Day four of creation is packed full of symbolism and representation that lies beneath the surface of the text. At this point in creation, we have the earth, land, sea, a sky above, and plants on the land. This is the point in which God is going to start filling His earth and universe with inhabitants. Day four focuses on the celestial bodies and we are going to focus on their significance to the rest of the Bible. Let’s start to unpack the fourth day of creation.
“And God said, “Let there be lights in the vault of the sky to separate the day from the night, and let them serve as signs to mark sacred times, and days and years, and let them be lights in the vault of the sky to give light on the earth.” And it was so. God made two great lights-the greater light to govern the day and the lesser light to govern the night. He also made the stars. God set them in the vault of the sky to give light on the earth, to govern the day and the night, and to separate light from darkness. And God saw that it was good. And there was evening, and there was morning-the fourth day.”
When many look at this passage, the obvious interpretation of what is being created is the sun, moon, and stars. Although we don’t see an exact wording of the “sun” and “moon” being created, the descriptions of “greater light” and “lesser light” and their jobs match perfectly with the sun and moon. There is no other celestial body that fits the descriptions of these two lights more perfect than the sun and moon. The light that governs the day is the sun and the light that governs the night is the moon. But when we look at their descriptions and the order they come in, it seems that these objects in the sky serve a far greater purpose than just giving out light. Let’s explore the hidden meaning behind these celestial bodies.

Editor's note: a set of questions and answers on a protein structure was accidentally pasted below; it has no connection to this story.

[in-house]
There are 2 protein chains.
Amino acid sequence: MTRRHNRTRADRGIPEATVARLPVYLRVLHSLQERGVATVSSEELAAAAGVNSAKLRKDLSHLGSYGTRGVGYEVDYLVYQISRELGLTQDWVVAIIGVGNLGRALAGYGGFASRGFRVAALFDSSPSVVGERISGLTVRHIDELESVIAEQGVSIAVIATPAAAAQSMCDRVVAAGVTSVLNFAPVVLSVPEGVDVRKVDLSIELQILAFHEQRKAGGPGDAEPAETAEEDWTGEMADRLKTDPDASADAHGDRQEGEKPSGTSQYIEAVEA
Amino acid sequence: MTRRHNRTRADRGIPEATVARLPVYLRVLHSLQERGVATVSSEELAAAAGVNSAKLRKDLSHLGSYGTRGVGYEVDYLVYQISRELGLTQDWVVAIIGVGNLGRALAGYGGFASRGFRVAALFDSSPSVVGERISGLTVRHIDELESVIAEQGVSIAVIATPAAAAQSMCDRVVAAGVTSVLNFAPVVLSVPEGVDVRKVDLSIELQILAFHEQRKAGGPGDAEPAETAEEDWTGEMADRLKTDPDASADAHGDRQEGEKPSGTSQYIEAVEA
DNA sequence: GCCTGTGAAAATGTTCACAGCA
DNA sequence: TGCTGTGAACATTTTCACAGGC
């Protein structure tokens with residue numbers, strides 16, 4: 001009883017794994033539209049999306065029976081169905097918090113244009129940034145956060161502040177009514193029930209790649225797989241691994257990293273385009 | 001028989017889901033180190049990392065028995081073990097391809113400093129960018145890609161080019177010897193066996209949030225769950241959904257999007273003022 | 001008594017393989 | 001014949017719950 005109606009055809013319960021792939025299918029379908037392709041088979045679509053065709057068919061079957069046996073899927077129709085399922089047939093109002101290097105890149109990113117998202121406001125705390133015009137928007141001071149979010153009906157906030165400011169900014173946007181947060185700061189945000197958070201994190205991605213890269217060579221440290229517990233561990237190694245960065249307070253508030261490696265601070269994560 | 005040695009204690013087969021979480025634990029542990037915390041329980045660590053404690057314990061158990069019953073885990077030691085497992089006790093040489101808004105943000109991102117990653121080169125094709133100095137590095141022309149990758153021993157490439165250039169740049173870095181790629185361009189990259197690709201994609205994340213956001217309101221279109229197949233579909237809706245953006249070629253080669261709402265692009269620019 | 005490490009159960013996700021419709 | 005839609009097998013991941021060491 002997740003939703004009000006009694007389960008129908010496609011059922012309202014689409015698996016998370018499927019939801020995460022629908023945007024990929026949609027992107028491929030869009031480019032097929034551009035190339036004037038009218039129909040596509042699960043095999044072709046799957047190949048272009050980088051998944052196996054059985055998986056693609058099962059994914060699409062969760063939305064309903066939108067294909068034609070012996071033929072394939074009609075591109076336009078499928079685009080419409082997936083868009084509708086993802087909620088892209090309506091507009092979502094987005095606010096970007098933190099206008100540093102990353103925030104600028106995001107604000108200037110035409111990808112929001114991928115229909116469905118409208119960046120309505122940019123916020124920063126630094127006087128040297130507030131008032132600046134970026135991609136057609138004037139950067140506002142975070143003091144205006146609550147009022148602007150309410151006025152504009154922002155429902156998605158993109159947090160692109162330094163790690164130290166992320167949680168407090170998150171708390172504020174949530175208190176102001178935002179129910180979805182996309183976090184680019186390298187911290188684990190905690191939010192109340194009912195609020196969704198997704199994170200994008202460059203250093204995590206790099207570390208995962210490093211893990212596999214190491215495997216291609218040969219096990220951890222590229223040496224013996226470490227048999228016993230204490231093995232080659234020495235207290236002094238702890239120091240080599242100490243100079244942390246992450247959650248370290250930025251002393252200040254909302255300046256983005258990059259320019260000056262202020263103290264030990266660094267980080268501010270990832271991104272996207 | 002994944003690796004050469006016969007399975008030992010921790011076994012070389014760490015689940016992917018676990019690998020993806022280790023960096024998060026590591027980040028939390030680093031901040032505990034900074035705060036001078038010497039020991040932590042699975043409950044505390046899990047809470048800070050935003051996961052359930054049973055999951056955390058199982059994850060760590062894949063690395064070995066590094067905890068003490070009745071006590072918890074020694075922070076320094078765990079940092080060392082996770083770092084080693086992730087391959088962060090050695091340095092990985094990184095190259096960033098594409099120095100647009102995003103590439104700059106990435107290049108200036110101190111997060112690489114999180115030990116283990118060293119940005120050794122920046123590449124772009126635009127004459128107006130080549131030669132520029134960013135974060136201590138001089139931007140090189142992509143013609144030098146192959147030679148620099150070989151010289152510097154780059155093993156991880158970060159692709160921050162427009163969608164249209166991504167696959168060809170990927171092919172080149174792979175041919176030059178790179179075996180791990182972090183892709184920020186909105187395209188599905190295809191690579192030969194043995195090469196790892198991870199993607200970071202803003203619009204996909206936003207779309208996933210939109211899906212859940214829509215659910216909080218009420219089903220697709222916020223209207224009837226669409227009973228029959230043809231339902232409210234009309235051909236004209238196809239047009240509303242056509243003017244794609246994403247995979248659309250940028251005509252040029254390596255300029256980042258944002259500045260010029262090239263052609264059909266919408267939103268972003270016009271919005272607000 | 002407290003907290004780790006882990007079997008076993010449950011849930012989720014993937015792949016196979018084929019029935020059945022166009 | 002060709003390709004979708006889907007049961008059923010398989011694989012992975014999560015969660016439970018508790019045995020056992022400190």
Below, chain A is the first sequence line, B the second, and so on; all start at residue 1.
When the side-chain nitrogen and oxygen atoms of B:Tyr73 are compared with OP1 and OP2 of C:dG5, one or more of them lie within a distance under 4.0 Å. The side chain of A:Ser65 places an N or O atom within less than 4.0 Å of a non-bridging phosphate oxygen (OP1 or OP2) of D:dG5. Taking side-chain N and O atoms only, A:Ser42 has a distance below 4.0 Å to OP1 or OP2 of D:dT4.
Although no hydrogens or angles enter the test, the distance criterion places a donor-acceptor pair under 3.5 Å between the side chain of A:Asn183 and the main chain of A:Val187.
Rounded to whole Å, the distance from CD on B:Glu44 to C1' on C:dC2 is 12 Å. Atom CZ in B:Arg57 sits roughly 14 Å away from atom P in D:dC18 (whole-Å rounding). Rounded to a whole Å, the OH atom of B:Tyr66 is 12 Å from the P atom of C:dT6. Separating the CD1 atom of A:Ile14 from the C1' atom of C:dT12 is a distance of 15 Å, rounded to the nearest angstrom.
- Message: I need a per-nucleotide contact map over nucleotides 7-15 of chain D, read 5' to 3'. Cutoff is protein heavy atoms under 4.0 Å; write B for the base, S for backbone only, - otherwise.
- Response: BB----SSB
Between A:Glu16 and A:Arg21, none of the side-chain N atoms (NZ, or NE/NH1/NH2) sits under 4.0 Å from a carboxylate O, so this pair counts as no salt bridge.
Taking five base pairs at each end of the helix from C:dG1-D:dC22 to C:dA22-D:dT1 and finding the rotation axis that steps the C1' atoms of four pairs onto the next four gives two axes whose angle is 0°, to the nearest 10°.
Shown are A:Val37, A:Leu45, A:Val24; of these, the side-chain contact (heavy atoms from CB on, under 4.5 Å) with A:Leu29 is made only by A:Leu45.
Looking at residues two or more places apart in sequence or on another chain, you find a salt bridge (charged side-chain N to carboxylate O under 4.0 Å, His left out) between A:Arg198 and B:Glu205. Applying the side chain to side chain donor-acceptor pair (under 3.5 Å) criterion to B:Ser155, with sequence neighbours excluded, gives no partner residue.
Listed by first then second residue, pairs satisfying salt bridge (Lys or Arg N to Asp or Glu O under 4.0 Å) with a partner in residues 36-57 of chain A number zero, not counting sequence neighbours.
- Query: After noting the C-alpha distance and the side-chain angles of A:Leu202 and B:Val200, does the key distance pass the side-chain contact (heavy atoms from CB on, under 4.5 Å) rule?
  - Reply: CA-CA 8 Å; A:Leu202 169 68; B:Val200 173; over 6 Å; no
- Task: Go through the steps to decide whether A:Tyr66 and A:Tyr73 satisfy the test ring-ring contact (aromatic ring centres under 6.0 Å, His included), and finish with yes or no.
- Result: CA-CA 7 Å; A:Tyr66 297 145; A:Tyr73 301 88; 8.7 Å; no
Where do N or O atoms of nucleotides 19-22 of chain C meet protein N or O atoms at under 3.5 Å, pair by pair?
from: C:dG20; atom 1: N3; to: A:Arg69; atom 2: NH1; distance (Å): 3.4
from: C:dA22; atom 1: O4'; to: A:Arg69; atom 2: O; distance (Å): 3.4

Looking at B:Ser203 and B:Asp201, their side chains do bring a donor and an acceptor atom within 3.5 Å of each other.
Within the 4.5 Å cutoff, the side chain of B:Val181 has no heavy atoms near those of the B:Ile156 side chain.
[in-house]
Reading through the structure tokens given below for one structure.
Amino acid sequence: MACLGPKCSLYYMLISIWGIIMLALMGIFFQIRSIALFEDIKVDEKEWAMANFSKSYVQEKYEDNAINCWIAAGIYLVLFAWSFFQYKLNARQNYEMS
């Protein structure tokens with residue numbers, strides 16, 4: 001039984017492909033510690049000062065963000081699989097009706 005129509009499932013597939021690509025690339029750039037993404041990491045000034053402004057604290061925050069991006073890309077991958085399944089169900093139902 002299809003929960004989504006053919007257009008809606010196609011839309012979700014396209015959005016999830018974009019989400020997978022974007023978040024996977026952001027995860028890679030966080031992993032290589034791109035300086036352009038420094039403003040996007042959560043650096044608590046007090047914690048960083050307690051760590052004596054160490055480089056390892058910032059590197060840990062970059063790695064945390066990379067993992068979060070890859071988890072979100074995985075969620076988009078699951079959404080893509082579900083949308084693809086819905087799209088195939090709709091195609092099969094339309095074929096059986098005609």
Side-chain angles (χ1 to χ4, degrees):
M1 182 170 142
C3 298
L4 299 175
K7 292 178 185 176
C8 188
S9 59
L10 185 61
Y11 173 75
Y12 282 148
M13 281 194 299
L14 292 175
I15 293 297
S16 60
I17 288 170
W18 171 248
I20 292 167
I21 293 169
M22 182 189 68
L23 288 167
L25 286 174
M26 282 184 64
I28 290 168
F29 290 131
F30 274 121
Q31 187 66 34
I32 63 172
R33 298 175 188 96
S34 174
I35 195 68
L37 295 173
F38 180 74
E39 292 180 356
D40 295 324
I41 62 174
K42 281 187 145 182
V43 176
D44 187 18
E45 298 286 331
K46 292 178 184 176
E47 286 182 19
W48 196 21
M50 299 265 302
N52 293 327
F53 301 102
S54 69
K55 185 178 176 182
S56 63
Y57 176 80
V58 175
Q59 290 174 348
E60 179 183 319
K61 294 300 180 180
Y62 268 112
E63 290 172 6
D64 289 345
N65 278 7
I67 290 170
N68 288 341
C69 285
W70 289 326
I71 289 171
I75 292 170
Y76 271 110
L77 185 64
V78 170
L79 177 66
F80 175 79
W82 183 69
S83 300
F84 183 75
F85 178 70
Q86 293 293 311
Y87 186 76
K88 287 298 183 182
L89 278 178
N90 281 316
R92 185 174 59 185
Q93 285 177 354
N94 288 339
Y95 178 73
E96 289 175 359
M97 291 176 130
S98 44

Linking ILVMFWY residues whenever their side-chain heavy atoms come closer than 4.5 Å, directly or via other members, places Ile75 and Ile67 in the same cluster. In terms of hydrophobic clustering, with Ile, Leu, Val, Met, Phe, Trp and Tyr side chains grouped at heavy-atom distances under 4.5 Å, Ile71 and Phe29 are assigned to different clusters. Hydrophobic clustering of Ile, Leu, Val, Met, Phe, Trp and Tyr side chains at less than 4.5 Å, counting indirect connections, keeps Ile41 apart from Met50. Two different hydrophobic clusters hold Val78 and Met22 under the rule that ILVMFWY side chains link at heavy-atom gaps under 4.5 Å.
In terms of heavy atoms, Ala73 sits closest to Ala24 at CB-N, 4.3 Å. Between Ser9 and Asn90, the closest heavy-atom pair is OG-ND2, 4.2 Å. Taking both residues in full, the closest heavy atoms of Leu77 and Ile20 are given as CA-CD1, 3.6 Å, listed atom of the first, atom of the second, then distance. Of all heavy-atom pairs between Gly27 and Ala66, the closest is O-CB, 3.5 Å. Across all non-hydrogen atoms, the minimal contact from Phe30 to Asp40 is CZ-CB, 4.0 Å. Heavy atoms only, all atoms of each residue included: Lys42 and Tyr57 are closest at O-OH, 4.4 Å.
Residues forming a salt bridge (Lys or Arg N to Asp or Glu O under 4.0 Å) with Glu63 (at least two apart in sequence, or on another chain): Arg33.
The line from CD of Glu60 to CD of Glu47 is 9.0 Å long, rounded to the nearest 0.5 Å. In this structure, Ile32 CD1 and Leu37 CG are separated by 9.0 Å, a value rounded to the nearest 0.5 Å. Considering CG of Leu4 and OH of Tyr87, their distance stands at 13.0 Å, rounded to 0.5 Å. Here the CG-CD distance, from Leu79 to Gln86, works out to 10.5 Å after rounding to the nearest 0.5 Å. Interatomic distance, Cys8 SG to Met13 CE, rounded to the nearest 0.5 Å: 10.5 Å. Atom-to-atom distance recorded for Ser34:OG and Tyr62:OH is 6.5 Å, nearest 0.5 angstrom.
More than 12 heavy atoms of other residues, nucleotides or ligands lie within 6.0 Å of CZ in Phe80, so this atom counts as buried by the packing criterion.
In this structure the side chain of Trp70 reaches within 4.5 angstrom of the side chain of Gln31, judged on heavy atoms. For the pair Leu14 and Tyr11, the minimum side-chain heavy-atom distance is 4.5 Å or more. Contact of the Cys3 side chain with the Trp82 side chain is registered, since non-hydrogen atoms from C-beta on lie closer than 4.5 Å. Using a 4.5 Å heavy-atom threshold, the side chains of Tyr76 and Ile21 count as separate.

Our passage starts out by saying, “Let there be lights in the vault of the sky to separate the day from the night”. This is crucial. God is now filling the “sky” that He created earlier with bodies that have specific functions. The first function we see is that these lights are to separate the day and the night. Now the separation of day and night should sound familiar because the separation of day and night already happened back on day one. So how can there be two separations of day and night? Let’s go back to day one. In Genesis 1:4 it says, “God saw that the light was good, and he separated the light from the darkness.” In the article about day one, we discussed how this light was most likely God since God is light. On day one, God separated the light from the darkness, indeed separating Himself from the darkness. God is the one doing the separation in day one. Now on day four, we have these God-made objects doing the separating. What does this mean? This means that God has now delegated some of his authority. Instead of God doing the separating of day and night, He has now made celestial objects to perform that function. God still has supreme authority, but he has given some of the roles over to other beings and His creation. This is what we see happening here. The sun and moon are now going to be separating the light and dark. This is also God filling the light and dark with His creation. The sun is now going to “fill” the day and the moon is now going to “fill” the night along with the stars. So the first function we see of these lights being created is to separate the light and darkness.